I baked these for about 15 minutes, until they were nice and brown. Squirted a little lemon juice on top, with a splash of Tobasco sauce, and we could NOT stop eating these, until they were nice ‘n gone.
|A Vineyard delicacy|
I could not have done this without my new pal, Bruce, and could not have had NEARLY as much fun on this vacation if we had planned it with our closest friends. To all the Kissells, all gazillion of you, thank you for the best two weeks ever, and here’s to next summer!
I received my box from Farm Fresh To You today, had a look, liked what I saw, and proceeded to make no plans for dinner. My hubby’s been out of town a lot these days, so it’s been Henry and I for dinner, which is pretty easy preparation in comparison, so my planning brain has been on a mini vacation.
Friends, I must reiterate something here now, something I haven’t stated in a while, but still boggles my mind: 7 YEARS AGO I COULD NOT COOK! I don’t mean I couldn’t braise pork properly, I mean I couldn’t BOIL AN EGG! So the fact that at the last minute, after said hubby landed at LAX, I was able to create such a delicious dinner, is somewhat remarkable to me (and those who know me well). I swung by Lindy & Grundy, my amazing neighborhood butchers, who only carry local, pastured and organic meats, (not cheap!), and got us some boneless chicken thighs, (which I marinated in Extra Virgin Olive Oil, lemon juice, chopped rosemary, salt and pepper), had cooked up a big pot of pinto beans earlier, quickly made some quinoa, and then created this side dish: ROASTED SWEET PEPPERS. Your head will explode, they’re THAT delicious. (And so easy, of course, my mantra) I swiped this recipe from my CSA who supplies my farm box full of veggies and fruits.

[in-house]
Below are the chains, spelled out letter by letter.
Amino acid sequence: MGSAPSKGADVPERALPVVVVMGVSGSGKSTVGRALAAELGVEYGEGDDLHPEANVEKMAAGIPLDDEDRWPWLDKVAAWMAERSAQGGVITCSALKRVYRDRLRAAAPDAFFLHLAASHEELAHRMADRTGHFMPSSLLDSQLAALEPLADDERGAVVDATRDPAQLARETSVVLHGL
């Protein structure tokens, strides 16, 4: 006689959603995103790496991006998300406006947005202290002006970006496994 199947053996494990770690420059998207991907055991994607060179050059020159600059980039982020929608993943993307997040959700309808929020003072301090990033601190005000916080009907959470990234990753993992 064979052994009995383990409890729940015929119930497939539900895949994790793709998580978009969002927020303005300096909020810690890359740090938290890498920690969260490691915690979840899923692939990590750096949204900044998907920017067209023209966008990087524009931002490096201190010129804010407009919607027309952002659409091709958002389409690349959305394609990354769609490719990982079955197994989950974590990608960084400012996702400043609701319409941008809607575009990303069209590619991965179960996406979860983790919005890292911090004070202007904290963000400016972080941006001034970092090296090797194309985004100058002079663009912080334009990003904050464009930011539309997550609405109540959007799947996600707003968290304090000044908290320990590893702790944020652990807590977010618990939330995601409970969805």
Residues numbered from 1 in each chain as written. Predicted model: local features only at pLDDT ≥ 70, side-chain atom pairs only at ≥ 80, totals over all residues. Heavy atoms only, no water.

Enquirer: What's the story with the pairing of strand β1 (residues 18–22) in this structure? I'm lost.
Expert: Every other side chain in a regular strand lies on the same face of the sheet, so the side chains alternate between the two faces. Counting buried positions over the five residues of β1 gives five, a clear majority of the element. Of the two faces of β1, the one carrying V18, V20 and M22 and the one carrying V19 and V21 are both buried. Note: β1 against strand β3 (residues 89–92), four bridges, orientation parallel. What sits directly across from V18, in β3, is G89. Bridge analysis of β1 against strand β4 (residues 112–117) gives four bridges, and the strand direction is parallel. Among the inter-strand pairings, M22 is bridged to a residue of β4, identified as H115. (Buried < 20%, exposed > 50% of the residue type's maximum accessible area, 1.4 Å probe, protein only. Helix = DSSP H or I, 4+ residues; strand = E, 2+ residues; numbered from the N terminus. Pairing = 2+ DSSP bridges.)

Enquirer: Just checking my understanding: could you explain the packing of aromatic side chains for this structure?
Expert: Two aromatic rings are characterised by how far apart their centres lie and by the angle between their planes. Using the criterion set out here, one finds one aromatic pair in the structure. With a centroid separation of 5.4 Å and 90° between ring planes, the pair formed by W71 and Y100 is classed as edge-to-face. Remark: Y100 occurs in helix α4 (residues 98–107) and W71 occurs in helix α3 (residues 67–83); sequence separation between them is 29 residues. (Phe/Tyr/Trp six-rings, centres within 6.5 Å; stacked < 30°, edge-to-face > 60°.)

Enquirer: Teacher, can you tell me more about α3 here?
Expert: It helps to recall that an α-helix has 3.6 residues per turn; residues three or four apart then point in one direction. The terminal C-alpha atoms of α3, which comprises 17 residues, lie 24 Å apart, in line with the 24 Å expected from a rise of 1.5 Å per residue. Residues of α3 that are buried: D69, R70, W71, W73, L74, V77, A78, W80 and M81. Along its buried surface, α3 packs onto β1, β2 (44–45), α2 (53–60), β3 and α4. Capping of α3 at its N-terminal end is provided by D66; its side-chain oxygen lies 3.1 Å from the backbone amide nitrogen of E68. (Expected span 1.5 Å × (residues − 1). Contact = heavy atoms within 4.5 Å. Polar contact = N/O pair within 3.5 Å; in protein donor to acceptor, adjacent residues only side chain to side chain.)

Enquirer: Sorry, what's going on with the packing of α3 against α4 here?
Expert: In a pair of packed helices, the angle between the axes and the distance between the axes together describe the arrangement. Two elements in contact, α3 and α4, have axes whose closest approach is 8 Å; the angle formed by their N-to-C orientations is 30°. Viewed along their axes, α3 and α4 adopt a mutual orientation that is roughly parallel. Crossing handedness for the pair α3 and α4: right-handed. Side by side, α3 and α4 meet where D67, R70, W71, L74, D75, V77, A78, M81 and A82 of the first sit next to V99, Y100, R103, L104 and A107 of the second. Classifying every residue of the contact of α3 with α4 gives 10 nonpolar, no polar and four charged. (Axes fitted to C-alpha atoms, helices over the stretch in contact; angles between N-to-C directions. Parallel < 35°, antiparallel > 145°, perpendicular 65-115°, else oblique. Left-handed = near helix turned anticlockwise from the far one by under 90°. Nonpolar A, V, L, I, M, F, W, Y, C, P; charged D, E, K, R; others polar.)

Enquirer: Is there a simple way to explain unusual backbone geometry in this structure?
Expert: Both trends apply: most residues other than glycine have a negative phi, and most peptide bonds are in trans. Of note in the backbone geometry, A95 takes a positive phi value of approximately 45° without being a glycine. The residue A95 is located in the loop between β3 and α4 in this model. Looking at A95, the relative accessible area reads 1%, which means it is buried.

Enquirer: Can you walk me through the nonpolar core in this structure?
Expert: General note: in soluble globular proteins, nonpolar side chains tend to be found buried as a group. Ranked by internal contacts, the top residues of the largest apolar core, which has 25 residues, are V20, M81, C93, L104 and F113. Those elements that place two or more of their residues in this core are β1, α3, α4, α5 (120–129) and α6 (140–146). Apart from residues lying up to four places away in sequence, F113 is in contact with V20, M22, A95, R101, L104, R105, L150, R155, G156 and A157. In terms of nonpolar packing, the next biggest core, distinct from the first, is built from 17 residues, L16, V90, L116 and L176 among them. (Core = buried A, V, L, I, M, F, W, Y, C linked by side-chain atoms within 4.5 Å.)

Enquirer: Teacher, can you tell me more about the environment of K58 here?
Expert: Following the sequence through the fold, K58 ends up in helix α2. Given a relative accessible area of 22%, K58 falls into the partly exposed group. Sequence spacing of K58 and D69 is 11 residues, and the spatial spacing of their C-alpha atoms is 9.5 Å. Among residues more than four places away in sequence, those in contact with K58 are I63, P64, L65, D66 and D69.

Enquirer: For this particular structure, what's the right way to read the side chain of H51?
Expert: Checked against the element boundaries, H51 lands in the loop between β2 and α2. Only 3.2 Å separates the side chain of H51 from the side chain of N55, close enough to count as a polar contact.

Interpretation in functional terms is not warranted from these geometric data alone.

6-7 sweet peppers, cored and sliced
2 cloves of garlic, minced
1-2 teaspoons of thyme (or your favorite herb)
1-2 tablespoons of extra virgin olive oil
Kosher salt and freshly ground black pepper
2-3 tablespoons grated Parmesan (optional, but recommended!)
1-2 tablespoons fresh lemon juice
Preheat oven to 425 degrees F
Toss peppers, garlic, herb and olive oil together. Season peppers with salt and pepper. Spread peppers on a baking sheet and cook for about 5 minutes. (peppers will be soft, not charred)
|I feel like you can smell these from this picture...|
Can’t. Stop. Eating. This.
- Organic dried cranberries
- Chopped walnuts
- Diced red onion